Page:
New Delhi: Going ahead with the bidding process for city gas distribution in Ghaziabad, oil regulator Petroleum and Natural Gas Regulatory Board (PNGRB) will open price bids next week, but will stop short of issuing final licences following a Delhi Court order restraining it from doing so.
According to sources, IOC-Adani combine are the favourites for the bid.
The regulator, on 18 September sent e-mails to all the six bidders for Ghaziabad informing them that price bids would be opened on 22 September at 1100 hrs.
Earlier Indraprastha Gas Limited had challenged PNGRB’s authority to award licences as Government had not notified the relevant section of the the PNGRB Act.
In an interim order, on 18 August, chief justice Manmohan J of Delhi High Court directed IGL, which had claimed that it was authorised by the Government for retailing CNG to automobiles and piped gas to industrial units in Ghaziabad, to continue sales from its existing stations in Ghaziabad.
The Delhi High Court had also restrained PNGRB from issuing licences for any of the seven cities it had called bids for. In its August 3 order on Ghaziabad, the Court said: “The learned counsel of the Respondent No. 1 (PNGRB) has stated that as of now they are only evaluating the bids.”
When contacted PNGRB Chairman L Mansingh said: “We had not given any undertaking to the court (of not opening the price bid) and we are complying with the court order (of not issuing Letter of Intents or licences).”
However, opening of the bids flies in the face of PNGRB’s own regulation that give a company five-year exclusivity or monopoly in CNG and piped gas retailing in a city. Once Delhi High Court had allowed IGL for Ghaziabad, the regulations left no scope for any other firm.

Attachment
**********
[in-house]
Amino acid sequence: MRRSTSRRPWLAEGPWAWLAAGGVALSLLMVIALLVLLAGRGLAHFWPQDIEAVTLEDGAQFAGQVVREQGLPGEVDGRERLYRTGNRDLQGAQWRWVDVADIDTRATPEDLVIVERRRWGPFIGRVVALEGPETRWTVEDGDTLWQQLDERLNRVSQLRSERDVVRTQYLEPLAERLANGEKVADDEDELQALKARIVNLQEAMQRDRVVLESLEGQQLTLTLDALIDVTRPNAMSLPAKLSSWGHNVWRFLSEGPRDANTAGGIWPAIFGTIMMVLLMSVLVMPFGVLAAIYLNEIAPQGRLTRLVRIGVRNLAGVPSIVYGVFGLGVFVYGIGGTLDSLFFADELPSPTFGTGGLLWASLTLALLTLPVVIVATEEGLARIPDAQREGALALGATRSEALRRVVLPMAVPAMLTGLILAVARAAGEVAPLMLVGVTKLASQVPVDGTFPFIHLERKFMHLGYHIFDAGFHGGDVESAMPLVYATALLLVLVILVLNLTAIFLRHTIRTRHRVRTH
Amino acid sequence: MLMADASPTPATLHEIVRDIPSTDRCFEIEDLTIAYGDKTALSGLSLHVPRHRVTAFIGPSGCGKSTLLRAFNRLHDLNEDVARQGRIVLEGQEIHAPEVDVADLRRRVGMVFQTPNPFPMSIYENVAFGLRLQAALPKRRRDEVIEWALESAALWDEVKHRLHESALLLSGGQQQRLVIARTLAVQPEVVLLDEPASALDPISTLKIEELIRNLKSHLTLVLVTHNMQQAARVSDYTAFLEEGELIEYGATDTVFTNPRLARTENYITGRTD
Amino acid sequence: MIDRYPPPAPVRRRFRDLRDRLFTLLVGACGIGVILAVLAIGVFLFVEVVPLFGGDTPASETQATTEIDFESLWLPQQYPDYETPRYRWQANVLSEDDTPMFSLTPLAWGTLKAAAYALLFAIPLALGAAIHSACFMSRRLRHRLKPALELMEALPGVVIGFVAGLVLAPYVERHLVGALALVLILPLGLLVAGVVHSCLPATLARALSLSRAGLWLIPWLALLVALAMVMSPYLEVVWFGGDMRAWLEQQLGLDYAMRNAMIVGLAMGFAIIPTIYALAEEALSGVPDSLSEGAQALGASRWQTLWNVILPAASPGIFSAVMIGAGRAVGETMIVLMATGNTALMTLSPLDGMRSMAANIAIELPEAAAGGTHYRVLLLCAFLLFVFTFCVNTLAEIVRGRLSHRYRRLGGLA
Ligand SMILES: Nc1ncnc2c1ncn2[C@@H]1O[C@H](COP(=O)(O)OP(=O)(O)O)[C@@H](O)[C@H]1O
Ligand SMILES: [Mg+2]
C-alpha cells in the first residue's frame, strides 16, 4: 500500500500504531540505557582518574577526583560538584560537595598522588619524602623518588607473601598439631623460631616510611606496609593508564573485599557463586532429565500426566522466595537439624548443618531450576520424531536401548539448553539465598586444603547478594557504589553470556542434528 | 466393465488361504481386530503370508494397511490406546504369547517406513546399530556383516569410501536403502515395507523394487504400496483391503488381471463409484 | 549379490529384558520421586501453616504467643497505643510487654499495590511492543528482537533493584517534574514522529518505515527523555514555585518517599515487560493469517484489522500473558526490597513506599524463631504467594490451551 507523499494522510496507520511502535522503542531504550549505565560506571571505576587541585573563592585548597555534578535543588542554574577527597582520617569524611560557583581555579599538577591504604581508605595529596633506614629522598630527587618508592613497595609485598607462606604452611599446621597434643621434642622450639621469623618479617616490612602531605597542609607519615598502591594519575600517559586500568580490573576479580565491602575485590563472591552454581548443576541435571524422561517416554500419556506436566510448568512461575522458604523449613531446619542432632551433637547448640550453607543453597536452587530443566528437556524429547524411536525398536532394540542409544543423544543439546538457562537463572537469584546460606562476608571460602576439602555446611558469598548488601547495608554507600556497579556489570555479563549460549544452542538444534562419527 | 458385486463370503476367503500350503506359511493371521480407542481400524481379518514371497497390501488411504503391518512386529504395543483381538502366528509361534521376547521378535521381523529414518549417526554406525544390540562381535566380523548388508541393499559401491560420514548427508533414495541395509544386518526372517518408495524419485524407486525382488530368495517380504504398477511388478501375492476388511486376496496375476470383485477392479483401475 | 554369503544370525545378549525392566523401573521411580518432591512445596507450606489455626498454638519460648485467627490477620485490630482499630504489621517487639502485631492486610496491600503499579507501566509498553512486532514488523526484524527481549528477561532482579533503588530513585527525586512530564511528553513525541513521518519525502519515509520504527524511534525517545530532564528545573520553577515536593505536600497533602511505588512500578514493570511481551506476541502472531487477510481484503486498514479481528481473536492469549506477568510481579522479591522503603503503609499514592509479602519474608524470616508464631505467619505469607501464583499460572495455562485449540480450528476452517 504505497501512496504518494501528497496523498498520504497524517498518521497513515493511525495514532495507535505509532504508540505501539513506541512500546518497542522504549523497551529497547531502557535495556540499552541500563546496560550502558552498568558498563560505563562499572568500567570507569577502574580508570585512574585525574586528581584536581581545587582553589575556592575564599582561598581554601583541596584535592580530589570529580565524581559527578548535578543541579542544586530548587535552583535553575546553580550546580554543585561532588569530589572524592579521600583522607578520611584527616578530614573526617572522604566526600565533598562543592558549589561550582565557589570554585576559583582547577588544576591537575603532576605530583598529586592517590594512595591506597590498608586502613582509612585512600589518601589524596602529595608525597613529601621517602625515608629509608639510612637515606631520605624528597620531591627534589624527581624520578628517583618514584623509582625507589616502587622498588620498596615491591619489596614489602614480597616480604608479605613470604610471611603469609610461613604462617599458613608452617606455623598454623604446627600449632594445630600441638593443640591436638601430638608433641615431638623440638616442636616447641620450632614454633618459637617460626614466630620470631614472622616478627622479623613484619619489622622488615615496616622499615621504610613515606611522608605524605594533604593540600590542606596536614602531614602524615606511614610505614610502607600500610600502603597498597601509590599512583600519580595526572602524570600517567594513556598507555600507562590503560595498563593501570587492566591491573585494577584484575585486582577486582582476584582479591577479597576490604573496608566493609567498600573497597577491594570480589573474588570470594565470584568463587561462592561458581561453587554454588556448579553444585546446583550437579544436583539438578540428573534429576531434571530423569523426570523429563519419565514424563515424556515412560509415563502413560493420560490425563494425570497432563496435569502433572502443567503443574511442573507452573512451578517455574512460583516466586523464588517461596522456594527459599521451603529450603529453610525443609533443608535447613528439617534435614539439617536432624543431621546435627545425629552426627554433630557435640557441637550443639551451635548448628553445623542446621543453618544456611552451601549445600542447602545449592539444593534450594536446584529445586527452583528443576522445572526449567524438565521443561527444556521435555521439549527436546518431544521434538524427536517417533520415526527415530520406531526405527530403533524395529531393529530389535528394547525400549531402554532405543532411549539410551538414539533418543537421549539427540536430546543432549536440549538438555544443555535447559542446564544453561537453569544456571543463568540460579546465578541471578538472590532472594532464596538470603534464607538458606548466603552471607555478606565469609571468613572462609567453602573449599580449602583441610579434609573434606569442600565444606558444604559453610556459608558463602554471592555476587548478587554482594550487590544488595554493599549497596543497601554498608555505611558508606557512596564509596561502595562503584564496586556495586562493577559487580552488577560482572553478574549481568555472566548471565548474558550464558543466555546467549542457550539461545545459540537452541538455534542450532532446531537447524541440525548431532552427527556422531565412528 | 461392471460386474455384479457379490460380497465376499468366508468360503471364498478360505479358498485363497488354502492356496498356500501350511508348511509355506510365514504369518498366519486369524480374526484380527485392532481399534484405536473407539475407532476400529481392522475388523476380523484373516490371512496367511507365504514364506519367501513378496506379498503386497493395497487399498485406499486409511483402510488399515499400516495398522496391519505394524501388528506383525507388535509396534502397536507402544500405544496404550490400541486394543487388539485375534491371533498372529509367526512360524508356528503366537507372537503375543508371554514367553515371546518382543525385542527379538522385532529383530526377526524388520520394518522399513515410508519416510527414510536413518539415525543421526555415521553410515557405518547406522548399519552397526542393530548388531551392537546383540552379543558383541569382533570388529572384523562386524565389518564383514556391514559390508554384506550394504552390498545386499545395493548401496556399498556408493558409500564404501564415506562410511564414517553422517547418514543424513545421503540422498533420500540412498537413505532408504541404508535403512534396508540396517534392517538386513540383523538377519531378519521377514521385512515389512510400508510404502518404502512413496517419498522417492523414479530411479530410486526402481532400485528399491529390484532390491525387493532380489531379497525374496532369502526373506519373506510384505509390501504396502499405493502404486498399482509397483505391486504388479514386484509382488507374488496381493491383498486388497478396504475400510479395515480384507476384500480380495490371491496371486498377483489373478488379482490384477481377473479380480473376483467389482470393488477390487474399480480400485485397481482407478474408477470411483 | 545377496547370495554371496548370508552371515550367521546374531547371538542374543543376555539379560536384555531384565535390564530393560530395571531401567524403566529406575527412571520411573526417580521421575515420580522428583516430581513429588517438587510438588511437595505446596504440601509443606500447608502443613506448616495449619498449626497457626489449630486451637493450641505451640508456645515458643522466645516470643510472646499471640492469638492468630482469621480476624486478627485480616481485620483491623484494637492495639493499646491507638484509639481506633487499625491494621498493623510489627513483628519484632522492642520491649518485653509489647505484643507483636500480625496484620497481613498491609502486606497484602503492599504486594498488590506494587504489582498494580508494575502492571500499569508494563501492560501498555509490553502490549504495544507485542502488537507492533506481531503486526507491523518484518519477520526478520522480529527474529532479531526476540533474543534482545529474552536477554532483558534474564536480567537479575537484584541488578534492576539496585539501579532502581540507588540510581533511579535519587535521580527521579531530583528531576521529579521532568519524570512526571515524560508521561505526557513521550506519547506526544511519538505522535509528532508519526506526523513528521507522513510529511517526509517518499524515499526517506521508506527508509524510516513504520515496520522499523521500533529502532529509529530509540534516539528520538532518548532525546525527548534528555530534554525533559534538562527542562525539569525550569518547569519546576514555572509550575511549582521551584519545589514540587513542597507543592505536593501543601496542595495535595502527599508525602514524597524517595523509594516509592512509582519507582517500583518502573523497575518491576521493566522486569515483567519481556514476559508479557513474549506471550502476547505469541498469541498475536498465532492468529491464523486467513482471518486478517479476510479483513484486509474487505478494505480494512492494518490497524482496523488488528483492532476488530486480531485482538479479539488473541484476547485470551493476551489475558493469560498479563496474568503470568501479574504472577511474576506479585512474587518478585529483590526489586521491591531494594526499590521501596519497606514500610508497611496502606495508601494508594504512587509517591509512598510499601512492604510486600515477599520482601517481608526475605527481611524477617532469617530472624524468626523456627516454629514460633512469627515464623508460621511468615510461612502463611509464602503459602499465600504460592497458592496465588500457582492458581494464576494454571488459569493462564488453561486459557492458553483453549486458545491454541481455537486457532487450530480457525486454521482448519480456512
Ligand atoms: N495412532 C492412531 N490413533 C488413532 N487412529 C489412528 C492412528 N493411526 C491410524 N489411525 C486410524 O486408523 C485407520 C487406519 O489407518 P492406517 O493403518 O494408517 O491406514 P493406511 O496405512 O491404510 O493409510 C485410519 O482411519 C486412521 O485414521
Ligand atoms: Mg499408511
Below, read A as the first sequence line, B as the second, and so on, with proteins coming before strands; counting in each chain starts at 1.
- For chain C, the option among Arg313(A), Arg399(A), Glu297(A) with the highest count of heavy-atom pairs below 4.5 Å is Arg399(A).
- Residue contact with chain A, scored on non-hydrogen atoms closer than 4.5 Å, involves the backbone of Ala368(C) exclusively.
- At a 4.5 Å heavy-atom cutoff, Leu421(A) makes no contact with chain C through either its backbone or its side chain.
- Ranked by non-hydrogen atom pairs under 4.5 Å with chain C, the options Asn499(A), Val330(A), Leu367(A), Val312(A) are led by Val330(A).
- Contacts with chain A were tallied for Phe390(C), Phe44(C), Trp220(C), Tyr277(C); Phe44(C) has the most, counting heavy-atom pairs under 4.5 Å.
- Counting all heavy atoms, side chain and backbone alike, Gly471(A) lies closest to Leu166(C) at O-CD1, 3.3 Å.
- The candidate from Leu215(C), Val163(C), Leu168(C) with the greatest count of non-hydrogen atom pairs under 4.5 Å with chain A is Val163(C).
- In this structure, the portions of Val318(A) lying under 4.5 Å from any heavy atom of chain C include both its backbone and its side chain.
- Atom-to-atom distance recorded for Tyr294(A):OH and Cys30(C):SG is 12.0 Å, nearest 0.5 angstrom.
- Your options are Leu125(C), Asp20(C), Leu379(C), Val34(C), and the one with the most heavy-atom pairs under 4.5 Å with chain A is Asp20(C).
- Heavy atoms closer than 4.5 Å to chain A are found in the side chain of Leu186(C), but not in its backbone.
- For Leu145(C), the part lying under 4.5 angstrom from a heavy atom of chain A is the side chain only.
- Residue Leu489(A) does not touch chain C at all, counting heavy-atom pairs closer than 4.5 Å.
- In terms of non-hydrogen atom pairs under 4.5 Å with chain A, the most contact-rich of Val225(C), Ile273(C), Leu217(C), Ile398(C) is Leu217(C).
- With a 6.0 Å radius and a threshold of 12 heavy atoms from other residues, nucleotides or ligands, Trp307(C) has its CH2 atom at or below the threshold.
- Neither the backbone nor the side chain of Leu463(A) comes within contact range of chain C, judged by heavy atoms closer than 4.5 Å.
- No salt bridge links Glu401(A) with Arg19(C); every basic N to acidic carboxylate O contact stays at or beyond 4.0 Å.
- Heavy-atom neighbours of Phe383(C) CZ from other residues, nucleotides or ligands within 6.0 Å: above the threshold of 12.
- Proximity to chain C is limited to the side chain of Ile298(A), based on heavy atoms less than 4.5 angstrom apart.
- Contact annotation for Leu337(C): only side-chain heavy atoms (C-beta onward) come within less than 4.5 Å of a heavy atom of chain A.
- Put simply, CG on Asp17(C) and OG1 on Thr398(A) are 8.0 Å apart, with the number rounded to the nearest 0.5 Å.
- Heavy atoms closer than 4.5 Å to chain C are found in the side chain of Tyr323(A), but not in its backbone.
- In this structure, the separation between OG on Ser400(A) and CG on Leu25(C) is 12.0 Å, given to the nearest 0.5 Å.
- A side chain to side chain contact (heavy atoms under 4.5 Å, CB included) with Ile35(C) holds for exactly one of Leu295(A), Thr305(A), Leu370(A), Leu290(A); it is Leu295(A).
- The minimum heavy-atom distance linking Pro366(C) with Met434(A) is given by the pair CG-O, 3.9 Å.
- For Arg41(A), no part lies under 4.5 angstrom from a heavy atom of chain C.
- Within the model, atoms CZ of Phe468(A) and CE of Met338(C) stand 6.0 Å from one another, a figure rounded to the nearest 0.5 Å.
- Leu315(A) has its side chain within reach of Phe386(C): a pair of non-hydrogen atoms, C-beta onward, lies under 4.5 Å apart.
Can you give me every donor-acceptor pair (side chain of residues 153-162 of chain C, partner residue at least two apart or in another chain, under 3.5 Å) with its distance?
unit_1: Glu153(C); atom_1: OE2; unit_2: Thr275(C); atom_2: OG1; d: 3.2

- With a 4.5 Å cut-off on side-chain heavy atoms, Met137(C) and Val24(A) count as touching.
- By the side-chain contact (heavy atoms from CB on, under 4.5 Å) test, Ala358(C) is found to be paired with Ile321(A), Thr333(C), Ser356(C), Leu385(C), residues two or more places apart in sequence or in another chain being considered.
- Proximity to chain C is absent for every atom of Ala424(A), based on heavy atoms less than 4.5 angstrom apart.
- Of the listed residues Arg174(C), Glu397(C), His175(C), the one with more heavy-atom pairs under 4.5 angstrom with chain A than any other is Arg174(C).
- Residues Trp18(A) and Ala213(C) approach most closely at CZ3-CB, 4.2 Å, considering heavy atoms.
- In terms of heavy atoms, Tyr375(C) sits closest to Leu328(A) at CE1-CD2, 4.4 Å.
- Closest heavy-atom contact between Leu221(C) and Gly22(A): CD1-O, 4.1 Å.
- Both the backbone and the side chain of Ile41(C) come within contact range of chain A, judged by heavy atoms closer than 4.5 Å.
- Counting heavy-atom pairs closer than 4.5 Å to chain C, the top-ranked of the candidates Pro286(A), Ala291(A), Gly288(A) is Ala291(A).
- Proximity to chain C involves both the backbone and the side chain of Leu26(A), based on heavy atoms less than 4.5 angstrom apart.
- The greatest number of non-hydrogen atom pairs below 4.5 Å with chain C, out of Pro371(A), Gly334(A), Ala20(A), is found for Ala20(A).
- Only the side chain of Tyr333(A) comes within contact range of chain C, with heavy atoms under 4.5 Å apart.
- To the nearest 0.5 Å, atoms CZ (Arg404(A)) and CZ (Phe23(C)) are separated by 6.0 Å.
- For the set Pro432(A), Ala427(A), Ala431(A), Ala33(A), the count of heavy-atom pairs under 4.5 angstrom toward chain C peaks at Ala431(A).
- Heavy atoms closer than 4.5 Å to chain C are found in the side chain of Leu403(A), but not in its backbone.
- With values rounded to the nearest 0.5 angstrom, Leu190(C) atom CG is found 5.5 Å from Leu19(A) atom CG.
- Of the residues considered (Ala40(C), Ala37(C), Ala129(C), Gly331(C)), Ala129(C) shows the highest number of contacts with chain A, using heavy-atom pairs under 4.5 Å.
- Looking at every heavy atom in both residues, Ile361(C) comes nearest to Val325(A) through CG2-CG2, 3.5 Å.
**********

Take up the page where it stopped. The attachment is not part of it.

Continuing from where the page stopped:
Asked about the Delhi High Court order, Mansingh said “it is an interim direction.”
Sources said besides the Indian Oil Corp (IOC) and Adani Energy combine, others who had bid for Ghaziabad, include Gujarat government firm GSPC Gas, GAIL Gas — a subsidiary of state gas utility GAIL India, Hindustan Petroleum, IGL and Sity Energy.
The IOC-Adani combine is being touted as favourite for Ghaziabad as it had previously bagged rights for Chandigarh and Allahabad using loopholes in PNGRB’s bidding criteria to quote zero pipeline tariff.
PNGRB had asked companies to quote only the tariffs they will charge for transporting gas within the boundaries of the city and left the price at which they will sell the gas to consumers at their discretion.
This allowed firms like IOC- Adani to quote “zero” tariff and making good of the cost by charging consumers higher CNG and gas prices.
IOC-Adani combine had quoted zero tariffs for 25 years in Chandigarh and seven years in Allahabad.